We have been speaking with Hoang Vuong for little more than a minute when he mentions the CFO mentor whom he credits with having influenced his early career decisions.
“Hey, what do you really want to do when you grow up?” was the question that Vuong remembers being asked by the CFO, who had gotten to know Vuong personally while the young techie had served as an IT troubleshooter for his company’s ambitious SAP implementation.Read More
Fast-forward a few years, and the same CFO introduces Vuong to the management of an early-stage Internet search firm in the travel space, known as SideStep. Vuong joins the young company and subsequently focuses his troubleshooting skills on the firm’s mounting growth obstacles.
“I had started reading a bunch of blogs where I began learning about this little company called Google and the interesting things that they did,” recalls Vuong, who says that he quickly began to grasp how Google offerings could help SideStep to address some of its nagging growth challenges.
In fact, Vuong was so convinced that Google offerings would unlock new growth for SideStep that he ignored the doubts being flung about by his management peers, negotiated a contract with Google’s bus dev team, and presented it to SideStep’s CEO.
Vuong says that the CEO responded by asking: “Are you so sure about this decision that you would risk your career on it?” At the time, Vuong says, he felt that careerwise he had little to lose—and besides, the Google offerings were pretty impressive.
“Google was just getting started, so at the time they would provide search results on the portals of other companies and do a rev share,” explains Vuong, who says that SideStep’s monthly revenues quickly ballooned from $50,000 to $1 million.
Having successfully addressed one of SideStep’s most formidable growth hurdles, Vuong saw his responsibilities at SideStep grow over time to include sales, online marketing, operations, and, of course, finance—where he served in the first of his several CFO roles. –Jack Sweeney
Made Possible By
CFOTL: Tell us about Amplitude. What does it do, and what are its offerings?
Vuong: We’re #1 today in product analytics, but what does this really mean? We basically help teams that are building digital products, whether for mobile or the Web. We want to make sure that these teams have the analytics required to build a better product.
Let’s take an example like Peloton. They want to revolutionize fitness and take it beyond what it is in a store or in person, and even beyond what is available online.Read More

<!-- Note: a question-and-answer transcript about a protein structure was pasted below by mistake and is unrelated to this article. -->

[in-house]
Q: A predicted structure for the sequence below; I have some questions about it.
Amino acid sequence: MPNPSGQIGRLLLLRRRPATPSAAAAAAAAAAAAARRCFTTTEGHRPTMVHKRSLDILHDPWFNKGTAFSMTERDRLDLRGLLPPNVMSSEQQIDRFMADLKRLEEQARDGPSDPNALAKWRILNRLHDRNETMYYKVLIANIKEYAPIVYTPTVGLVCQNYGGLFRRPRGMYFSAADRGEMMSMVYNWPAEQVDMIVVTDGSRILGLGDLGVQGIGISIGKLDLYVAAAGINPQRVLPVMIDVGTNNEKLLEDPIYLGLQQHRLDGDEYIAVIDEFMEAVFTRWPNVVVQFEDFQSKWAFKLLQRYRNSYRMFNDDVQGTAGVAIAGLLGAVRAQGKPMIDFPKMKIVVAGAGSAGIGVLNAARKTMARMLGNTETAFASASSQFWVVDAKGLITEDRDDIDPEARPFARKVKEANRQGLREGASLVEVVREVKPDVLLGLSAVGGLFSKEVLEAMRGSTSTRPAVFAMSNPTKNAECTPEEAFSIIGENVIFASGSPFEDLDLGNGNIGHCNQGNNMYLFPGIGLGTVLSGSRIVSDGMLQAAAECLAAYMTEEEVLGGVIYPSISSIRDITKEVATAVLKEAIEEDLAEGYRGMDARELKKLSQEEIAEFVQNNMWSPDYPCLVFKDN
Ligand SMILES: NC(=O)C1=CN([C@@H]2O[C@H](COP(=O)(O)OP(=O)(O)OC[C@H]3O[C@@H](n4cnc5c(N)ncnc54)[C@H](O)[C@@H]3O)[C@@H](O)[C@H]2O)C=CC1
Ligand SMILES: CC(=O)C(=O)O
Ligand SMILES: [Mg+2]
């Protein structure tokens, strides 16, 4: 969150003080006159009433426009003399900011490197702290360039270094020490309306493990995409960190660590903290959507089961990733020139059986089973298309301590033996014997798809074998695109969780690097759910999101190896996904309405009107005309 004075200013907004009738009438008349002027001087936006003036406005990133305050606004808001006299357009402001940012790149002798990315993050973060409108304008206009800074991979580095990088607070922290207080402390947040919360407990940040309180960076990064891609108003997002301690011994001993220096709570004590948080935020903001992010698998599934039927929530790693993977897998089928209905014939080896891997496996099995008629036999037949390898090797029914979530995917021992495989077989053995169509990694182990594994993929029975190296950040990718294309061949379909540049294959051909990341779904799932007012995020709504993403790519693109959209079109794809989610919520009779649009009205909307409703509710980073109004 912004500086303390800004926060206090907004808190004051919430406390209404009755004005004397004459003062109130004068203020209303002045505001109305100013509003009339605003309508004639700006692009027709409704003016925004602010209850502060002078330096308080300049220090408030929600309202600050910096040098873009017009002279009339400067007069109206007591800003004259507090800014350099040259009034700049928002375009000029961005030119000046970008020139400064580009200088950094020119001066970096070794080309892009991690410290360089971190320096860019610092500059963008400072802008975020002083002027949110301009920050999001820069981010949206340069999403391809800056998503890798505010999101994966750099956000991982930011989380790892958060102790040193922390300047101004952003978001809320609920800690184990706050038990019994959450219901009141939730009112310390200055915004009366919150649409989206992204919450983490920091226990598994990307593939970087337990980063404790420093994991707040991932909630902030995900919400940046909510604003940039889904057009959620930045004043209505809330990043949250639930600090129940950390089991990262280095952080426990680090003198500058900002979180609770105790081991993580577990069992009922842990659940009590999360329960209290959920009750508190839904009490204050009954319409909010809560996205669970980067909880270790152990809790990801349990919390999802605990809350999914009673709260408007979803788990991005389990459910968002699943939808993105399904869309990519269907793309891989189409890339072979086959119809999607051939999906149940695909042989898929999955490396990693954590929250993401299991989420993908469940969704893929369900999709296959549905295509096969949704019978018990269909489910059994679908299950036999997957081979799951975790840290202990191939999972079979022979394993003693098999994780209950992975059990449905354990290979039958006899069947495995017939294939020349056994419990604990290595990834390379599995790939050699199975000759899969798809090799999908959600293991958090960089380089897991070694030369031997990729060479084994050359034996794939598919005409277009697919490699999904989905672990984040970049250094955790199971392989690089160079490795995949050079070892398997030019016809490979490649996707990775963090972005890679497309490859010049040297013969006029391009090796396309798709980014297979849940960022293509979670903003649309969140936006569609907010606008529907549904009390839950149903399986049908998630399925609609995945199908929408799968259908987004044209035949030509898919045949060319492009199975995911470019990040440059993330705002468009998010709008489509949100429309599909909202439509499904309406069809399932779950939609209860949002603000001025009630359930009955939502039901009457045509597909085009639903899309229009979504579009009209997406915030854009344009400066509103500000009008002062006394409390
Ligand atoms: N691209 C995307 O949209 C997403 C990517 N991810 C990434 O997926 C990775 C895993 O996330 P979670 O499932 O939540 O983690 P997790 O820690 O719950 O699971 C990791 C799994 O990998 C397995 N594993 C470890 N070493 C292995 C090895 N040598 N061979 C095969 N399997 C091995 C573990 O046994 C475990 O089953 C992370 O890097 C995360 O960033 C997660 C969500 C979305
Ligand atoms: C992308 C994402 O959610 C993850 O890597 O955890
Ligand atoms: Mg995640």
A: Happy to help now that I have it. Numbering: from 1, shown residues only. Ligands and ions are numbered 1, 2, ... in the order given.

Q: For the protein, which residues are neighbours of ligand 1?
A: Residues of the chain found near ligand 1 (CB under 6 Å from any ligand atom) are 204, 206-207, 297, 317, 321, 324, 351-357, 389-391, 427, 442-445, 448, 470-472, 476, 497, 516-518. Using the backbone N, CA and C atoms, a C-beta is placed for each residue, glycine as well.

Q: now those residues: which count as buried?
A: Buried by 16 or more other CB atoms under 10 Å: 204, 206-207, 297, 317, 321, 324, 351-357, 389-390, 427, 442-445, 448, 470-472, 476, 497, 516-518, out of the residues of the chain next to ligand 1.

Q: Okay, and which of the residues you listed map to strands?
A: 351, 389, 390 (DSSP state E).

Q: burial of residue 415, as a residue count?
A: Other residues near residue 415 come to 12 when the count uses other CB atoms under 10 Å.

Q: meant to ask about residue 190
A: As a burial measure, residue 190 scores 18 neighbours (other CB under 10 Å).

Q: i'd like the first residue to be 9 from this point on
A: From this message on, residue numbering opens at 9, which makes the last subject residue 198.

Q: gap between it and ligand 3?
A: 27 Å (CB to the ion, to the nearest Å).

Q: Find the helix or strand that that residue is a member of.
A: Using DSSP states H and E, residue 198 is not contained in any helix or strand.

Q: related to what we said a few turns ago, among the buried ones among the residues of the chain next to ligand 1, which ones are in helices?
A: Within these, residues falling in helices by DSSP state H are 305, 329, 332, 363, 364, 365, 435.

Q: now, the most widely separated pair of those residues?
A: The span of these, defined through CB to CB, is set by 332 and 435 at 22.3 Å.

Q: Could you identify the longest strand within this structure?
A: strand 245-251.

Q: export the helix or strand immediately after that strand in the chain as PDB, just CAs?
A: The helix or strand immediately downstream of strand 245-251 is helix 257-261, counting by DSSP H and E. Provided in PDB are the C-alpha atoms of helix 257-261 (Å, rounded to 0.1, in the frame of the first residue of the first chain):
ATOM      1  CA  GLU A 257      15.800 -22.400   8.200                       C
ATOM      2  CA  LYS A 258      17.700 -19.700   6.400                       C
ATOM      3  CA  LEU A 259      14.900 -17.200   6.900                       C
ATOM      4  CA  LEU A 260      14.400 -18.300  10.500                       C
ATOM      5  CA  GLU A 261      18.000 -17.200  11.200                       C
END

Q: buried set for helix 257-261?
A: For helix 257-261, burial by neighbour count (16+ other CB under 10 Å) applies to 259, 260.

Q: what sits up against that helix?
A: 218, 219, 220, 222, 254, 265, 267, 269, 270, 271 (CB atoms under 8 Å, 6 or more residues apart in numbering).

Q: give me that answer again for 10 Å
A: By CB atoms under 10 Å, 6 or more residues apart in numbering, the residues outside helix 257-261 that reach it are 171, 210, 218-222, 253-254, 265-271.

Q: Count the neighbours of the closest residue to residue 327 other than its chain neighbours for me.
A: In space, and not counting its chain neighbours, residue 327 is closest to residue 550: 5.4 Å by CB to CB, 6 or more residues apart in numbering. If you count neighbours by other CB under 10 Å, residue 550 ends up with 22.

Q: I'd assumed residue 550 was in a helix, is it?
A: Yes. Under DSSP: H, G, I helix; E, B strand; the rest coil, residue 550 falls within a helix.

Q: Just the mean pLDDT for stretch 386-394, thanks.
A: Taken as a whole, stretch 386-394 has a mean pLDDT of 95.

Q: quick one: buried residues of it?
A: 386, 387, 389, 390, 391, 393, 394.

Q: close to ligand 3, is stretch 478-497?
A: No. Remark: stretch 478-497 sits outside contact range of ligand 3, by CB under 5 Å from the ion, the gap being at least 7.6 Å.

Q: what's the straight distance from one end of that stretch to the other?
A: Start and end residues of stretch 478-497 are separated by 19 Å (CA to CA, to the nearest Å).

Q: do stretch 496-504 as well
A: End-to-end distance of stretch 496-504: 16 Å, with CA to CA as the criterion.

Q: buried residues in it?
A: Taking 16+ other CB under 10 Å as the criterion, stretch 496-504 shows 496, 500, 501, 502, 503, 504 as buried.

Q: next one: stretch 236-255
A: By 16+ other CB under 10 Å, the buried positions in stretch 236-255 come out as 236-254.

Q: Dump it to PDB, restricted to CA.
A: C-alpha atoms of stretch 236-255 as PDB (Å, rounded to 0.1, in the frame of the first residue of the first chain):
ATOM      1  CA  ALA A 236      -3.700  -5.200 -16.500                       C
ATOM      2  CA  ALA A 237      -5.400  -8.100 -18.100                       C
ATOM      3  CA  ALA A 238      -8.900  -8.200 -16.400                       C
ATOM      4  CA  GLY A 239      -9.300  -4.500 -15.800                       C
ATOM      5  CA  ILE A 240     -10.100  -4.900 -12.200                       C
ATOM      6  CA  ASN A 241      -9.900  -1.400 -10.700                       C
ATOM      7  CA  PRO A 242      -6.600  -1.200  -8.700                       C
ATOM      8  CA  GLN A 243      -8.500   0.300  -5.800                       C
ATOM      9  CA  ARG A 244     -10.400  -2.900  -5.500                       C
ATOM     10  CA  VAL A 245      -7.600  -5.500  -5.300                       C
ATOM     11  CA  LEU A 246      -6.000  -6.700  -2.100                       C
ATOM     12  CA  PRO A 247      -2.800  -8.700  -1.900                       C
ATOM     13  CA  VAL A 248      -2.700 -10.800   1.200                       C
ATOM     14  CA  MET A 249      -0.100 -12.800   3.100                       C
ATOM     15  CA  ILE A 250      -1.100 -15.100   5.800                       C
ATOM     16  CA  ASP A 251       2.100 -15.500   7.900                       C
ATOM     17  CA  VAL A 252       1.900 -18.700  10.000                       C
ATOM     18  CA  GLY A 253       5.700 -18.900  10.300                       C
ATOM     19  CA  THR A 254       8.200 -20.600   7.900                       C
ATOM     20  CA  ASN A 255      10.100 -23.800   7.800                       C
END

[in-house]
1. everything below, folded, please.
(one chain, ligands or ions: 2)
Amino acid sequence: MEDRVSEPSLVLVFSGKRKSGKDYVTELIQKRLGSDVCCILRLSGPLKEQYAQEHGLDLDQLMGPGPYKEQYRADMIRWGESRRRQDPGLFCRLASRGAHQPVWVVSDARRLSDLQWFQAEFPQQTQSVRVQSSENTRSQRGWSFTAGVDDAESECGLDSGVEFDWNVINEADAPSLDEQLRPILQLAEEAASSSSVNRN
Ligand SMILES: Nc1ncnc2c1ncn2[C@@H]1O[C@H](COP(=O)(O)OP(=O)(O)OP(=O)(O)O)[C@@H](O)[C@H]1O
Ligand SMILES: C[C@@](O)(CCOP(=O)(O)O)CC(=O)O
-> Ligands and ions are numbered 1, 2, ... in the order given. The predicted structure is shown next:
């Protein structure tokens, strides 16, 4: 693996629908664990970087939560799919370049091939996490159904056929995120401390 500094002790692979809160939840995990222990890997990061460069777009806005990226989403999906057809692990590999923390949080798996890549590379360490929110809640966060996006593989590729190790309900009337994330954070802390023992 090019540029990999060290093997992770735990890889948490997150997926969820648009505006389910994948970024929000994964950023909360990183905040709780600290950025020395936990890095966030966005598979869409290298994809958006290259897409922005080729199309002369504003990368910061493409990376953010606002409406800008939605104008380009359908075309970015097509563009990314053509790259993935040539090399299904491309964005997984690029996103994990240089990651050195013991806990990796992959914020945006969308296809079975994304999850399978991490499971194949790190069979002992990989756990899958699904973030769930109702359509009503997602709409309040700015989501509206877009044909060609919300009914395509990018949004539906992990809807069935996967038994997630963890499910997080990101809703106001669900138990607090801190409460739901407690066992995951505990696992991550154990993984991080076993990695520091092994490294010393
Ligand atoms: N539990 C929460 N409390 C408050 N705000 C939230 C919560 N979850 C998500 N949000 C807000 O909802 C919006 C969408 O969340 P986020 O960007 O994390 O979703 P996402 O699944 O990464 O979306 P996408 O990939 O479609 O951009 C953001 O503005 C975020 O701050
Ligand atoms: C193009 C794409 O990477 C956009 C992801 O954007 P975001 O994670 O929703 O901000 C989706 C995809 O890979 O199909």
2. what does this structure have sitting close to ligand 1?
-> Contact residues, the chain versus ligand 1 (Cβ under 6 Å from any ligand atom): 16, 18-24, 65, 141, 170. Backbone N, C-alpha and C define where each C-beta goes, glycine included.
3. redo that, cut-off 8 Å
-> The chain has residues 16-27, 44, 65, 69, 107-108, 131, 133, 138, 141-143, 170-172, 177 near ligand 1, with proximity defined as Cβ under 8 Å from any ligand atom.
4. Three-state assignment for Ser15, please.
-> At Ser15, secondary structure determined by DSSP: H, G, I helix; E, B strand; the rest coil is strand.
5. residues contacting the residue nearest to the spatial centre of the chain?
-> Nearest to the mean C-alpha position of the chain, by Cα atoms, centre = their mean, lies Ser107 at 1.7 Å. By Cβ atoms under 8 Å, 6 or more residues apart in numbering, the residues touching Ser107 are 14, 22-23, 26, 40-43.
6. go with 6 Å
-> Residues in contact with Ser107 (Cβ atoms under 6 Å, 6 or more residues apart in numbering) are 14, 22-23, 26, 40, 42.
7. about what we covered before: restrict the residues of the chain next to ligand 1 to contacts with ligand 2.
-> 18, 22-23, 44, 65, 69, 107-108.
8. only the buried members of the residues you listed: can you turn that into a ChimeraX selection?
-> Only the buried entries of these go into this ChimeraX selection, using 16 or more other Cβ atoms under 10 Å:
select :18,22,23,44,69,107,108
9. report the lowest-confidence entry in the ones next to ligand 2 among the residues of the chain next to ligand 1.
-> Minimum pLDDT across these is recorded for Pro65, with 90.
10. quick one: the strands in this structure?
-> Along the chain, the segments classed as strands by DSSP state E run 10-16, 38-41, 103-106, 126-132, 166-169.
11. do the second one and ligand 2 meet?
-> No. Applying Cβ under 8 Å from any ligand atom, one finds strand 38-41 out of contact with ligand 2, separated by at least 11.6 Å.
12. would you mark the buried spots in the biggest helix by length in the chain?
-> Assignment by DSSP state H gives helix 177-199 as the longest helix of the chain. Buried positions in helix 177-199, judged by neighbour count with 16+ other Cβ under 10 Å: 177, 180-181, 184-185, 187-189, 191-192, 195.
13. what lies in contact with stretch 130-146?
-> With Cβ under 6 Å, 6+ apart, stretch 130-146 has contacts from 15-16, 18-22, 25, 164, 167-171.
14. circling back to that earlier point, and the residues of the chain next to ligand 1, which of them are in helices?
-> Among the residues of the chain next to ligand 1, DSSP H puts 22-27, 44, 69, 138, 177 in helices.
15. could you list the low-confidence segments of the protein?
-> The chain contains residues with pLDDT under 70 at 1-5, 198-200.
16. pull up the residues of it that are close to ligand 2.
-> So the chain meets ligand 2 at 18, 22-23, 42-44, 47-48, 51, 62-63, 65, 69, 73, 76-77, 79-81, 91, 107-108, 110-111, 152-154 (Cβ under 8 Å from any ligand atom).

How do they build that better product? It’s not enough to just know how many clicks or how many visits you get or what a customer did from the time they visited to the time when they signed up. Why did they do it? Why did they engage? Why did they stay? Why did they join? There are some really great examples of them building out their leaderboard and figuring out what functionality really was needed.
That’s what Amplitude does. Amplitude allows you to understand your user behavior better so that you can actually build better products.
CFOTL: What were you priorities as you entered the CFO office?
Vuong: We’re a Software-as-a-Service (SaaS) company and were already over $50 million in recurring revenue when I joined.
Looking back, we can see that Amplitude has had an amazing journey in its first few years, but it had hit a little bit of a bump in the road during one quarter, so they were trying to figure out what was really going on. The finance team was accustomed to reporting what had happened during any quarter.
But I really wanted us to get a lot more actively engaged with the other functions, whether in sales or marketing or product, to figure out really what we could actually do. How do we shape the business? How do we make it grow even faster? What are the actual problems? This was really kind of almost a change in mentality in terms of getting more involved with the go-to-market team to really figure out some of our challenges. This was probably my first priority.
Like I said, we were over $50 million in revenue, but probably like a lot of companies, our entire management was done on Google Docs, which I knew wasn’t something that we were going to be able to scale. I had a lot of processes and systems that we needed to do to build that out, and this was my second priority.
Third, we obviously needed to continue to build out the organization and team, because at the time we really had only two people on the FP&A team. The accounting team was actually pretty solid, but we also needed to build out our business operations and business applications team.
Value Quote: “As a Software-as-a-Service business, we tend to look at how much recurring revenue is growing. What’s the retention rate of customers? And so forth. But we also like to ask about the actual definitions of the metrics. Then we validate the definitions and really pressure-test them.” jb
Amplitude | www.amplitude.com | HQ: San Francisco, CA